Masons have concentrated upon the outward and material forms of the institution. Not knowing what ideas the system had at its birth, what truths were symbolized within the rites nor the mysteries which were intended to be illustrated by its symbols, we have not been able to rise to a true appreciation of its sublime nature and profound significance. The superior intelligence and culture of the present age requires, nay demands, more than this. To be an effective agent in elevating and advancing man to a more perfect condition, its philosophy must be studied and its mysteries better understood so that the ageless emblems and symbols may once again relate their ancient and immortal meanings. While we acknowledge and celebrate his famous right angled triangle he applied a lesson to several other geometric forms. The equilateral triangle was adopted by ancient nations as a symbol of Deity, the principle and author of all sublunary things, the essence of Light and Truth, who was, and is and shall be. The square joins the celestial and terrestrial elements of power. The cube symbolized the mind of man who thought a life spent in acts of piety and devotion, was preparation by virtue for his translation into the society of the celestial gods. The point within a circle symbolized the universe, the circle representing creation and man the point within. Another symbol of the universe was a twelve sided figure, or a Dodecahedron which now represents the twelve zodiacs seen in the night sky. This article was sourced from the Manitoba Mason. 2013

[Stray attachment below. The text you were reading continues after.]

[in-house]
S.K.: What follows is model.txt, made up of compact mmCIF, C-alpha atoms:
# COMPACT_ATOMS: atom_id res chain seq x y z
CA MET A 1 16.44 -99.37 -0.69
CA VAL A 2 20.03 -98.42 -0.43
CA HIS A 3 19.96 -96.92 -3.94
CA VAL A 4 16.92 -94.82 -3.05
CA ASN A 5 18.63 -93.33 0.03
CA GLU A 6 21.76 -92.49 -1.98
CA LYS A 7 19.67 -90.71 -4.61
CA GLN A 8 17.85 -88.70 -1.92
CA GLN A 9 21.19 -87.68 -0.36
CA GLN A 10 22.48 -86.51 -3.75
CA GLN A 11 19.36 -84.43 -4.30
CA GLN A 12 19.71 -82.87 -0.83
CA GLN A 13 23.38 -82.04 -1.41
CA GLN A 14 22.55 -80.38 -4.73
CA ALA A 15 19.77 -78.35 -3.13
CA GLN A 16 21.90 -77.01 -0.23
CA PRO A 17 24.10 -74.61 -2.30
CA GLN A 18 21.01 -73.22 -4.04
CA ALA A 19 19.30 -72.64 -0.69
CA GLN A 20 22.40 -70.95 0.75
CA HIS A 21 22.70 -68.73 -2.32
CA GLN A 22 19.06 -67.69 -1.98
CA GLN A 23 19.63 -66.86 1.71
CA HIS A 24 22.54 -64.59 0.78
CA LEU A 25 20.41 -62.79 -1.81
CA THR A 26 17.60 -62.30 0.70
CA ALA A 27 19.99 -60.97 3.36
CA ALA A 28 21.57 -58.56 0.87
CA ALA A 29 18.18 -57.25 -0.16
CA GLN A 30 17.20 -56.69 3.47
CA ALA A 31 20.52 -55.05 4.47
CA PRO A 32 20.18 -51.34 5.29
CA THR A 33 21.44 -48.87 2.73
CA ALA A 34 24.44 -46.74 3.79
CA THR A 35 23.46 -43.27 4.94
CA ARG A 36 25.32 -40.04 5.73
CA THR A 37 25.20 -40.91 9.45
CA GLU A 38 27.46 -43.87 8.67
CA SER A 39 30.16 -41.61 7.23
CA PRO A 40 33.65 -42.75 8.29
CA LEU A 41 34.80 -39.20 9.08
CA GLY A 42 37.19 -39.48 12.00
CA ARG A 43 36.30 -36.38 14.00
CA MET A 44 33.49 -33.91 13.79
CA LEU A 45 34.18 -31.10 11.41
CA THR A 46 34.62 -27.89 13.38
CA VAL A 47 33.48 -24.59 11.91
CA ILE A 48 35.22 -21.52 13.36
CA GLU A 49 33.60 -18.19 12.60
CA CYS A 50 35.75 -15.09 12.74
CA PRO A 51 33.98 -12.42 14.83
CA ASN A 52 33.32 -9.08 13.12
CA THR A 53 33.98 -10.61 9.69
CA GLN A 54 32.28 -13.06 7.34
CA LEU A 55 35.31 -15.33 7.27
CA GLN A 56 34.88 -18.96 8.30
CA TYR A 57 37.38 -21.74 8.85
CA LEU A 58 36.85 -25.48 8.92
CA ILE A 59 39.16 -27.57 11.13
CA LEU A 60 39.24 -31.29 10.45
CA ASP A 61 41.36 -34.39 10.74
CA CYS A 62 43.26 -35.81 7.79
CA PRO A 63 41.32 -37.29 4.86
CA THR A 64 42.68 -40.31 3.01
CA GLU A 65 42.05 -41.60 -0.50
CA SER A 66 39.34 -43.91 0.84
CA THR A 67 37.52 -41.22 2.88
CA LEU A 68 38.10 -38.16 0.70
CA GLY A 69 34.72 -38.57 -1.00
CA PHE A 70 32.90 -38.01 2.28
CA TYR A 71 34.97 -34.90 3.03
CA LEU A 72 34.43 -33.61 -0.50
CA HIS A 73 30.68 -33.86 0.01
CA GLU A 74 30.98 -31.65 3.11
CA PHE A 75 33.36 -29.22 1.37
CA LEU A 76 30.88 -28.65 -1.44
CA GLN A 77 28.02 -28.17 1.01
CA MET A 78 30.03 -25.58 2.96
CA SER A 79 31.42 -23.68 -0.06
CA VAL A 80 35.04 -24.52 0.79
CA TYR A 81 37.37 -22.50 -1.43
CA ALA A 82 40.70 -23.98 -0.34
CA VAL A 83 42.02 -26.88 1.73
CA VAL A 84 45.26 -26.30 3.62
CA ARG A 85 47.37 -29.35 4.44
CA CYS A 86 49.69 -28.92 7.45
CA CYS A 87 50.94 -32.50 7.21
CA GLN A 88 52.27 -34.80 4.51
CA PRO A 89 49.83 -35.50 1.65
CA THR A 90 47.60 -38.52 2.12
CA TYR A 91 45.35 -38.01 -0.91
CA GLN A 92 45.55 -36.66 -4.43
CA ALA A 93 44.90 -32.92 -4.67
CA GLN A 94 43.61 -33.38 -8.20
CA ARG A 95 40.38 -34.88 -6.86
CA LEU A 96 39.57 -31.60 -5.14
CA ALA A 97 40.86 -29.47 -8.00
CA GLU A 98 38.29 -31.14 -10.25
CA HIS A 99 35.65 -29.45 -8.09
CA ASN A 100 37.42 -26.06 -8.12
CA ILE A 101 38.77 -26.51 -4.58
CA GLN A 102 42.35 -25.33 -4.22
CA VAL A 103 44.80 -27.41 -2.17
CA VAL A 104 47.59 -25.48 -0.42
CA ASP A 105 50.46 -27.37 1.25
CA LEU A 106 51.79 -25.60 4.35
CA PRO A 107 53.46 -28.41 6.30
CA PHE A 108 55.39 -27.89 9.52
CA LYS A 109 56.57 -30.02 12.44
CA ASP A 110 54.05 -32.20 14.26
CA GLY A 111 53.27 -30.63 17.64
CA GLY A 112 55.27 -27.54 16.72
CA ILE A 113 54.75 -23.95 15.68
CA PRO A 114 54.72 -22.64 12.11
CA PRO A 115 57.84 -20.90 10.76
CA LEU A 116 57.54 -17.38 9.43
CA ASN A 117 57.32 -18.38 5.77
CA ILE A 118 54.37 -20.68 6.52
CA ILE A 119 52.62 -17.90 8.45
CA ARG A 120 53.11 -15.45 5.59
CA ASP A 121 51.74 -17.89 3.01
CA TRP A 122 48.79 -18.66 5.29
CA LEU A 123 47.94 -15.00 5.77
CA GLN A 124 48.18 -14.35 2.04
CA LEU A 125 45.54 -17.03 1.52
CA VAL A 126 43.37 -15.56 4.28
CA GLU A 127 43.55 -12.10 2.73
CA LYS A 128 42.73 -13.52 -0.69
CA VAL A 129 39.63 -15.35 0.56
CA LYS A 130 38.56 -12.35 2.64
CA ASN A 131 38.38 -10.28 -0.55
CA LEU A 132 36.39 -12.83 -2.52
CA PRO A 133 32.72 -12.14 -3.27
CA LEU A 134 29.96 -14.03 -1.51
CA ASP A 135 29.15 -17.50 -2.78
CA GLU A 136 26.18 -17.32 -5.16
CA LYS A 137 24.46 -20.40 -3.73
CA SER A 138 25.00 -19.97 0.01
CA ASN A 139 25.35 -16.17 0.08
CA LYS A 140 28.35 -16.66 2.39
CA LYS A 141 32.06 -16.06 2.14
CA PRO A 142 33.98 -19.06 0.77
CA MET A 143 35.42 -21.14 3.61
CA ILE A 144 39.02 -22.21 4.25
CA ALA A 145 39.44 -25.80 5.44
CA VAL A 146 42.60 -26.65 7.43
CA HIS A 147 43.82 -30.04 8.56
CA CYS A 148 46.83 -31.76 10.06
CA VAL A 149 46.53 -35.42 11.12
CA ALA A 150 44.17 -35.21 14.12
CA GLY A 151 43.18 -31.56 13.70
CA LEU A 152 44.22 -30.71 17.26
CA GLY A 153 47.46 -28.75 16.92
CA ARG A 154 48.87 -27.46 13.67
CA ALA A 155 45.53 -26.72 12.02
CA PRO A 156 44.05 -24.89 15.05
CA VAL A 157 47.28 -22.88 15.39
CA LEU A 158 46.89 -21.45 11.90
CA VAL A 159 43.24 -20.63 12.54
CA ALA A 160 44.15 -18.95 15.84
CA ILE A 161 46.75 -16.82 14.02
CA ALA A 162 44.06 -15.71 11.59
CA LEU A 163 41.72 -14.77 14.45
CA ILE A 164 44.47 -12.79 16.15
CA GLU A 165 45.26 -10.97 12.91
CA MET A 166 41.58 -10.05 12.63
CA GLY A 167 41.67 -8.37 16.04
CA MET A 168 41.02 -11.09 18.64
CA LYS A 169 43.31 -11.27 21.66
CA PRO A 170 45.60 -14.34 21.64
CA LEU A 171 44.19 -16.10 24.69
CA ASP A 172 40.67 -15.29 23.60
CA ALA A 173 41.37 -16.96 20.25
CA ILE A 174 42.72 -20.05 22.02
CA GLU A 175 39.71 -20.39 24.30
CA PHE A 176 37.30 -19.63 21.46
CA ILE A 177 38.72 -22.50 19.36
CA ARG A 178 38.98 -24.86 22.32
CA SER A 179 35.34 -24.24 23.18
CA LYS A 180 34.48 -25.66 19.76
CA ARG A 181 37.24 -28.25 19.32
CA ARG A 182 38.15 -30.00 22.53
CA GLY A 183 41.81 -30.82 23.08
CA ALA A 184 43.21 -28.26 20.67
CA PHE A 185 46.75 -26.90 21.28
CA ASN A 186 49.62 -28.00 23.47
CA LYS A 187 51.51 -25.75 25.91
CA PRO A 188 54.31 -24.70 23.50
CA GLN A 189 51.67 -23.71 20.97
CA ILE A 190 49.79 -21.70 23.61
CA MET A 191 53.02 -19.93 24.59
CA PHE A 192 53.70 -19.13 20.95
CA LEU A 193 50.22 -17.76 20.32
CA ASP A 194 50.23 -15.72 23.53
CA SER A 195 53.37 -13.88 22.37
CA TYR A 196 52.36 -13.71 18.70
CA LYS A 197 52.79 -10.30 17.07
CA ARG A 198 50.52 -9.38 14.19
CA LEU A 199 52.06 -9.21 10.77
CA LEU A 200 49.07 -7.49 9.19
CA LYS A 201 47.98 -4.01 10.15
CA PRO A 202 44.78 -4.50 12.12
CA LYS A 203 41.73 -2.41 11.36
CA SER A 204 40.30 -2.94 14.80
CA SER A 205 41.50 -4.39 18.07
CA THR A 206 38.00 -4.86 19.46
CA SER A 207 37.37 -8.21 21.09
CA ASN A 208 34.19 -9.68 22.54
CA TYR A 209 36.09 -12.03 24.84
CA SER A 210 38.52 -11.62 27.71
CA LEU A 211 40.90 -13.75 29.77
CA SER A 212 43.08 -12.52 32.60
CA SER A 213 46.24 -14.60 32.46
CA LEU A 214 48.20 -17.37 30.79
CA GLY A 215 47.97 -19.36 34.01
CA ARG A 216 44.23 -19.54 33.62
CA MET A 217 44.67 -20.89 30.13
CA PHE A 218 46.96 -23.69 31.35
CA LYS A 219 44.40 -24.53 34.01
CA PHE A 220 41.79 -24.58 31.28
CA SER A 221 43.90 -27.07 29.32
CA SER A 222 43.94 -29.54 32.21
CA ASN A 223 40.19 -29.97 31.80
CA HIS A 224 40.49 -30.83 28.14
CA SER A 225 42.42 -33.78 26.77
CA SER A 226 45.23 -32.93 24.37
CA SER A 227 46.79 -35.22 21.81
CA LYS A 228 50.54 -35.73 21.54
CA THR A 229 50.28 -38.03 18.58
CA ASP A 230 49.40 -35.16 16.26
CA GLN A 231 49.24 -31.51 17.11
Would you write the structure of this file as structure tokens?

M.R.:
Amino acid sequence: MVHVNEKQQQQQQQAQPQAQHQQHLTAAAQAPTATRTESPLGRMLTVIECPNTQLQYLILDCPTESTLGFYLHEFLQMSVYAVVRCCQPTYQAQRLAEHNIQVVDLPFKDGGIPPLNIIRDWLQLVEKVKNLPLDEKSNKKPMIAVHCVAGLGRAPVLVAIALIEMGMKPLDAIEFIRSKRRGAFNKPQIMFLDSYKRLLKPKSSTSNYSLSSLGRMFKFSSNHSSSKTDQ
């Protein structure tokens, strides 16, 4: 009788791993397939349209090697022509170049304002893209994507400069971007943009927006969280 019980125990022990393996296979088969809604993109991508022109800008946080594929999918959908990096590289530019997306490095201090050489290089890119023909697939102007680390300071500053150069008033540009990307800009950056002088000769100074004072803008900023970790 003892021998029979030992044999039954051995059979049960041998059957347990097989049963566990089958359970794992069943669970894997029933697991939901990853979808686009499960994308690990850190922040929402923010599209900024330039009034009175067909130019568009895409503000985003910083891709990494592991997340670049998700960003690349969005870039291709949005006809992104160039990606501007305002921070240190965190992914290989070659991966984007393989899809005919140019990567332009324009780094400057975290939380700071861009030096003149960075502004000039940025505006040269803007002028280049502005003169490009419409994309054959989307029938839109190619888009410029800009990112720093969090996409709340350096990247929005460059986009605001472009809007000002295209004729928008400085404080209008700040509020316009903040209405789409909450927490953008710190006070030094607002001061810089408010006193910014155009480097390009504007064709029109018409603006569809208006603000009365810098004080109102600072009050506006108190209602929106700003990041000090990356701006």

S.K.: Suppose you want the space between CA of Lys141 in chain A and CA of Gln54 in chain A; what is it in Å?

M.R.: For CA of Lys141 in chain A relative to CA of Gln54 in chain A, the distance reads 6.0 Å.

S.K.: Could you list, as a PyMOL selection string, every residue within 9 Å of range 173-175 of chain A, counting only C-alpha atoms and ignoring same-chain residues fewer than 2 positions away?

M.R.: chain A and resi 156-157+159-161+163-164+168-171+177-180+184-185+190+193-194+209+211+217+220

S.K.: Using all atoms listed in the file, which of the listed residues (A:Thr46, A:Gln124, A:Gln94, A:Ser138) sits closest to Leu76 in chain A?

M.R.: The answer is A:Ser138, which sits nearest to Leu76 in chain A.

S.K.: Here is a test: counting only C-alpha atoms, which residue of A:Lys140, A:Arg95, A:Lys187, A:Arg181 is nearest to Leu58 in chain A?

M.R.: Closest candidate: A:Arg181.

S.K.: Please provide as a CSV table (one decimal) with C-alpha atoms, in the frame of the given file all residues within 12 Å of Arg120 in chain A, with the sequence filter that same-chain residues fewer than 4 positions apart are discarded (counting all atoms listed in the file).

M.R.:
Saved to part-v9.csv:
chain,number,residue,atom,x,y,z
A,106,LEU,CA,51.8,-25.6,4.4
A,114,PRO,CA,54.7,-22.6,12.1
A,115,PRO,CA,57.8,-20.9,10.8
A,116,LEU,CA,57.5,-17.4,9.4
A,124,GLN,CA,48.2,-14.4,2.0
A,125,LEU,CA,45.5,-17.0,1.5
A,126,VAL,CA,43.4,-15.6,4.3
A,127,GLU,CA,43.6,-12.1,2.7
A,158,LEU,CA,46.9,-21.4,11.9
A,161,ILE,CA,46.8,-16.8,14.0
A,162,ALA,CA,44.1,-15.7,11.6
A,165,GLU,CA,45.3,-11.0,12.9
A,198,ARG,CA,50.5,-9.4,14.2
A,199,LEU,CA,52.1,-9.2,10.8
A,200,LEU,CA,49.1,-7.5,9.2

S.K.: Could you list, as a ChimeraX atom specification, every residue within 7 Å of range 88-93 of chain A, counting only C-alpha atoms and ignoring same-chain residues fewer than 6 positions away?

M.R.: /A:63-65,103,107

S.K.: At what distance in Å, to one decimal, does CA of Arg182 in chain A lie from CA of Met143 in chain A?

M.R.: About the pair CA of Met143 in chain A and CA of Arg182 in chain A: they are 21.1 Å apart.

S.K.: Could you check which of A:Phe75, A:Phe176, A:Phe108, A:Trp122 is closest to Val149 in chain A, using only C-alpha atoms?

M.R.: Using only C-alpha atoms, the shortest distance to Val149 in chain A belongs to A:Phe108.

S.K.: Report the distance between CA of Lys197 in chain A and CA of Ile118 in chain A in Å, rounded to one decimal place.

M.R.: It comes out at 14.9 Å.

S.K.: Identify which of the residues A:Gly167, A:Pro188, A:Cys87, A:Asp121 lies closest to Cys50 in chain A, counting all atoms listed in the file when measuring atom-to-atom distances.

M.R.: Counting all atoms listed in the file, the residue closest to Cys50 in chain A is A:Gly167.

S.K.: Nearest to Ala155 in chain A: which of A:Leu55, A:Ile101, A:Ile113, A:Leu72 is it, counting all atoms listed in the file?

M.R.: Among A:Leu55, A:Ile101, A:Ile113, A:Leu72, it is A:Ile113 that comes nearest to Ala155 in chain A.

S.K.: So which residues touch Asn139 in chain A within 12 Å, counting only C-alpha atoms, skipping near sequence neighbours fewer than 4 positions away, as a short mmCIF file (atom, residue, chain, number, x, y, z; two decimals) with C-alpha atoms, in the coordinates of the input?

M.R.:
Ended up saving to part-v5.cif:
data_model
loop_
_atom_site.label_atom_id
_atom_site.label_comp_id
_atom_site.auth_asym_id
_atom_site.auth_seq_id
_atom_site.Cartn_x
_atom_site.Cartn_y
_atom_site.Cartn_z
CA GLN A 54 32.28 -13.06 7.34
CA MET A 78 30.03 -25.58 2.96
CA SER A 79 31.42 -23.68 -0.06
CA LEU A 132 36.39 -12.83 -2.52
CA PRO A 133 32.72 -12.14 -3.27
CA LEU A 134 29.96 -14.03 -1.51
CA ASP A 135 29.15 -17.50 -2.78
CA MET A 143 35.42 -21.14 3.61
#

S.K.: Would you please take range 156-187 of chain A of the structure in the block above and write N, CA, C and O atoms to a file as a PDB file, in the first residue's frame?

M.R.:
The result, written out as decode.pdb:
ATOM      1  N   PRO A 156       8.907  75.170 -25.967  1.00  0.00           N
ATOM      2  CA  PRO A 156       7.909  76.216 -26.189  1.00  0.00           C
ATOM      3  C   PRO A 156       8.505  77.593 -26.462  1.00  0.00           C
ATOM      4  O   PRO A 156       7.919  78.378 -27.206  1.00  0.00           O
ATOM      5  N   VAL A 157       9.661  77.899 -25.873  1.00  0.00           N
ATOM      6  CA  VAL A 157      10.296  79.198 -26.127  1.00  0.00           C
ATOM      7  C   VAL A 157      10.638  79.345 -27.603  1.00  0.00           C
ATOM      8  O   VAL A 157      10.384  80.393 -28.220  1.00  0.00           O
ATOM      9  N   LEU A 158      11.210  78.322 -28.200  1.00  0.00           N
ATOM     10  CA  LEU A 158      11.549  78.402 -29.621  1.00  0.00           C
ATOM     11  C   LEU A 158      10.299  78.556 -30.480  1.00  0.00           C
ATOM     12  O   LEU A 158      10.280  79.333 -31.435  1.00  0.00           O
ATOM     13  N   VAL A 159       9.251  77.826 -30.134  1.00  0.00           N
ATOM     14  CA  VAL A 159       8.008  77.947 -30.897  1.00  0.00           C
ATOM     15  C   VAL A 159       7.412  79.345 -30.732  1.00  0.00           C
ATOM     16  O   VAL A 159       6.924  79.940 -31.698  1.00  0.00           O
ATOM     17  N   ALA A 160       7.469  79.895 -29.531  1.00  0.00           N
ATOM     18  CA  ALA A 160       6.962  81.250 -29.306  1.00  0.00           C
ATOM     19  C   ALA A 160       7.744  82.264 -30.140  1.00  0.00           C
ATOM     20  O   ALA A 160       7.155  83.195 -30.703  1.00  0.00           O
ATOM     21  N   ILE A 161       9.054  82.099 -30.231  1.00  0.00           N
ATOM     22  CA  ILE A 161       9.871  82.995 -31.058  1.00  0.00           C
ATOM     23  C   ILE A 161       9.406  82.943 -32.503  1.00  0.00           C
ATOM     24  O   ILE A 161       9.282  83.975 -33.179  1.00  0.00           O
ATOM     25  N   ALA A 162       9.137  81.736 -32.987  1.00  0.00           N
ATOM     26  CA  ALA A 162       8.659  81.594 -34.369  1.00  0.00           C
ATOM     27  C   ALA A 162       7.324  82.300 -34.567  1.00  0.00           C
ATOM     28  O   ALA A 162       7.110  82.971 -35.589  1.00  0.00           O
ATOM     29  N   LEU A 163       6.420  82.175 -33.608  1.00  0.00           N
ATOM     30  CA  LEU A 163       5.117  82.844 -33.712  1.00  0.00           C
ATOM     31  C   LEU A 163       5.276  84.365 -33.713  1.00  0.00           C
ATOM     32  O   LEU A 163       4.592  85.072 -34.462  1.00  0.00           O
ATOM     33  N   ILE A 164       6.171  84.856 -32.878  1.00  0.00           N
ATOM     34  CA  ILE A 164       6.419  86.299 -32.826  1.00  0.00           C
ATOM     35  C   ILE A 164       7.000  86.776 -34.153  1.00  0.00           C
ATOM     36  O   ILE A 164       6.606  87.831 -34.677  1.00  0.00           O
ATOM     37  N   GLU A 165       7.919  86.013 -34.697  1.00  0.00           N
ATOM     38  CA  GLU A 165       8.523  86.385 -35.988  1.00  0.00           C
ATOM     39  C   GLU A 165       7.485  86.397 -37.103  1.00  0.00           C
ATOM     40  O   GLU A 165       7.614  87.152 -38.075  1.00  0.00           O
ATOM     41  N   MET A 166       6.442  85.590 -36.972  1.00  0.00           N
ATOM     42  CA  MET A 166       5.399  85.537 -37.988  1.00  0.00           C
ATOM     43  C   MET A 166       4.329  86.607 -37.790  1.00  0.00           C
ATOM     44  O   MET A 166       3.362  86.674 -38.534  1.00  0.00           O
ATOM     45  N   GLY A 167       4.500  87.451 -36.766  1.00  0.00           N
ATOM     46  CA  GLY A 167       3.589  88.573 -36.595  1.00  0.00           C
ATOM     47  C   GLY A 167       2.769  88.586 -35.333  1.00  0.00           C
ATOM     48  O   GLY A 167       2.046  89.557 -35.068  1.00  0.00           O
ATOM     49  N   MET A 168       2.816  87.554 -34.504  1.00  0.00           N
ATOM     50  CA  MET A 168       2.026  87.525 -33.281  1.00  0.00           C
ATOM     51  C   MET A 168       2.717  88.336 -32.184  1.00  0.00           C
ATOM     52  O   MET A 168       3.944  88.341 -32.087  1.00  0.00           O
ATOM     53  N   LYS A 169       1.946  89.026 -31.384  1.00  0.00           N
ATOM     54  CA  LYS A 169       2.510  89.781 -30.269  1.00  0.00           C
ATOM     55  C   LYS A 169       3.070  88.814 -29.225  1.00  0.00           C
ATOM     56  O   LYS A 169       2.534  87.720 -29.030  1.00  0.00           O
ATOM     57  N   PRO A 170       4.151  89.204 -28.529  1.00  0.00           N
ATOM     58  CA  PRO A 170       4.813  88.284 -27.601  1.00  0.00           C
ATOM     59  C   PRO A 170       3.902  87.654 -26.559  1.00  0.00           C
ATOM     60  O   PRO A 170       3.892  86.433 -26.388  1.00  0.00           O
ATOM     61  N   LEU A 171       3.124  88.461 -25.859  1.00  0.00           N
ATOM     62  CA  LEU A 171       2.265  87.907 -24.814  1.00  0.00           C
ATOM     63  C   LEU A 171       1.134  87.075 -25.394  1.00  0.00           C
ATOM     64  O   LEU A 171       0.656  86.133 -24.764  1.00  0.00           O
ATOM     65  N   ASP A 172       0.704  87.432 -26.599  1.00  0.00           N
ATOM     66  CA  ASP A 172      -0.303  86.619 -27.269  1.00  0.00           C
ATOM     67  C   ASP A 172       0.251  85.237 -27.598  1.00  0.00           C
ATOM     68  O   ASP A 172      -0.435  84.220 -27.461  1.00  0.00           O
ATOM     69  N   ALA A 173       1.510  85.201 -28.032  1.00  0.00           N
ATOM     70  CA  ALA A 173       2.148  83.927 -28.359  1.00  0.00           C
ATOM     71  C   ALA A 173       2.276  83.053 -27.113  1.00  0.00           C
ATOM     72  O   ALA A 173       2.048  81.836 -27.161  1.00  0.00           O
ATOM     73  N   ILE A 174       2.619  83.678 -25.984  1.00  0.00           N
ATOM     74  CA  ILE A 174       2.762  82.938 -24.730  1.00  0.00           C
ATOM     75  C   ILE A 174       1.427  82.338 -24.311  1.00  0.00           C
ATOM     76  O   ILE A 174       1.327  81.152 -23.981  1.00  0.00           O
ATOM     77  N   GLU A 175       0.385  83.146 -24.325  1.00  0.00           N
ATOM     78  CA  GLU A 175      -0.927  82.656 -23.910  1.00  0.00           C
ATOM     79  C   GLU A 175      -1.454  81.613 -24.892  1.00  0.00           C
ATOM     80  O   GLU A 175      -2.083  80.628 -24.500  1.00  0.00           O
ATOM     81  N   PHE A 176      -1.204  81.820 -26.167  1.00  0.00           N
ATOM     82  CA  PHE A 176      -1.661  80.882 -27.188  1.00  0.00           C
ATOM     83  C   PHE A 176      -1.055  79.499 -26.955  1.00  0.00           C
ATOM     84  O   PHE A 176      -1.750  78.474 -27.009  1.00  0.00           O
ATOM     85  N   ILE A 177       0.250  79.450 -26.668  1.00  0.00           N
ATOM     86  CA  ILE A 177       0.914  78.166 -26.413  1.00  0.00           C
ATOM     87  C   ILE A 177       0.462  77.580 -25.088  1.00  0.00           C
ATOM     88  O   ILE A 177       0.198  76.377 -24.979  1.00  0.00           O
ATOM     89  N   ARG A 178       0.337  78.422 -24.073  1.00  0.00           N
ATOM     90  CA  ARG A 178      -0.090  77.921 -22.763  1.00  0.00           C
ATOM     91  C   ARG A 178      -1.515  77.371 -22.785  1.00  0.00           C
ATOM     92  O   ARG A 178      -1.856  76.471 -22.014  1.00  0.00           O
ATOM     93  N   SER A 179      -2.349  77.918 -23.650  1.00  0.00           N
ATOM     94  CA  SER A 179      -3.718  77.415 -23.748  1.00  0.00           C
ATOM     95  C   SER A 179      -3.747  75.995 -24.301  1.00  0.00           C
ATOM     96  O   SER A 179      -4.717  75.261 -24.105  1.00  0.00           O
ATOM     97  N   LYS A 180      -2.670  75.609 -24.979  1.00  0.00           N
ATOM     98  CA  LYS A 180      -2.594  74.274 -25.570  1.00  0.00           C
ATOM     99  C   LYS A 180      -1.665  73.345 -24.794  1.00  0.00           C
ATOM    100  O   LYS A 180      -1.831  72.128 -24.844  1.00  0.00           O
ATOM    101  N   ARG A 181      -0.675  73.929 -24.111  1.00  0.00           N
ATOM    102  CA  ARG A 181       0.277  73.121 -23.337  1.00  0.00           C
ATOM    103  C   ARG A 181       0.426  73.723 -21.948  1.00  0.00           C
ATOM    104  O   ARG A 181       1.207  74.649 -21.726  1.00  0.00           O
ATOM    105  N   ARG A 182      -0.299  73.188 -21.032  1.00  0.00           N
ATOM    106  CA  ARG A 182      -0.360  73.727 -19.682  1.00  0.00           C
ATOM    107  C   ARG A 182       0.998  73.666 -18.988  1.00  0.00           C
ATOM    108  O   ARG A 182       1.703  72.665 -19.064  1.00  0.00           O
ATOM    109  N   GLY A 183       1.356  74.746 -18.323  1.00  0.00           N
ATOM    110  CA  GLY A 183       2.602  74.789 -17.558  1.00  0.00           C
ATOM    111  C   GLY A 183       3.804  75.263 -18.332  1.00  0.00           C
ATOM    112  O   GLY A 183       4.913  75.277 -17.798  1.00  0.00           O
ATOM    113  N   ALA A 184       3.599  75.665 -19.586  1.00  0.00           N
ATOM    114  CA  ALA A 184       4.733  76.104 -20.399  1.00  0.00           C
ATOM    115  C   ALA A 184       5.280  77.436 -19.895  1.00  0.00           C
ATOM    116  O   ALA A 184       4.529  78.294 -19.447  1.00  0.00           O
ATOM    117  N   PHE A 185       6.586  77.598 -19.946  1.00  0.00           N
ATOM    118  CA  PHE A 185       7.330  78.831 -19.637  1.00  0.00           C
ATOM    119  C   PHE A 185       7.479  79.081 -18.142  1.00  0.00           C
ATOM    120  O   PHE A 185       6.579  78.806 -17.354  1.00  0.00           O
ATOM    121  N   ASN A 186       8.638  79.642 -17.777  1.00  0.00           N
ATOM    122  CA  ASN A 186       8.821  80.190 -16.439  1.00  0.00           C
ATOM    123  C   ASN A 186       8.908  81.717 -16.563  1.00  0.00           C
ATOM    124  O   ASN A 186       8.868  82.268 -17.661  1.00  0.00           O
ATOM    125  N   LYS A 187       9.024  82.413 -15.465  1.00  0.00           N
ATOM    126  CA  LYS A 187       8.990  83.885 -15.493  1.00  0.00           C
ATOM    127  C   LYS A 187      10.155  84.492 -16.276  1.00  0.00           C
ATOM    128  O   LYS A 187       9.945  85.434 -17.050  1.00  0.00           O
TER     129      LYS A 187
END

“The Prince’s Lodge” No. 607 In May, 1877, a petition to raise the Lodge was signed by James Bain esq., the then Lord Provost of Glasgow, by F.W.Clarke, the then Sheriff of Lanarkshire, and thirteen other Masons. They were mostly, if not all, members of The Lodge of Glasgow, St. John's No. 3 bis, which we still acknowledge to be our Mother Lodge. A further meeting of the signatories was held on the fourth of June. The petition was passed, and interim office bearers were elected. The Right Worshipful Master being Sheriff Clarke, with James Bain, Depute Master. There are conflicting theories as to the embracing of the title, "The Prince's". Many believe it to refer to the Merchant Princes of Glasgow, as the Lodge was formed specifically to cater for "The Gentlemen of the West End." A more likely explanation is that the formation of the Lodge coincided with a visit to Glasgow of the Prince of Wales, later King Edward VII. The Lodge first met in fully constituted form on fourth October 1877, and this was the date in 1977 when the Centenary Dinner was held in The Trades House. An examination of the Lodge's first declaration book shows that the first initiates were John William Burns of Cardross and William Pearce of Elmbank House, Govan, both receiving their first degree on the eighteenth October, 1878. William Pearce was, of course, the baronet who had succeeded John Elder as a Shipbuilder at Govan and was chief of the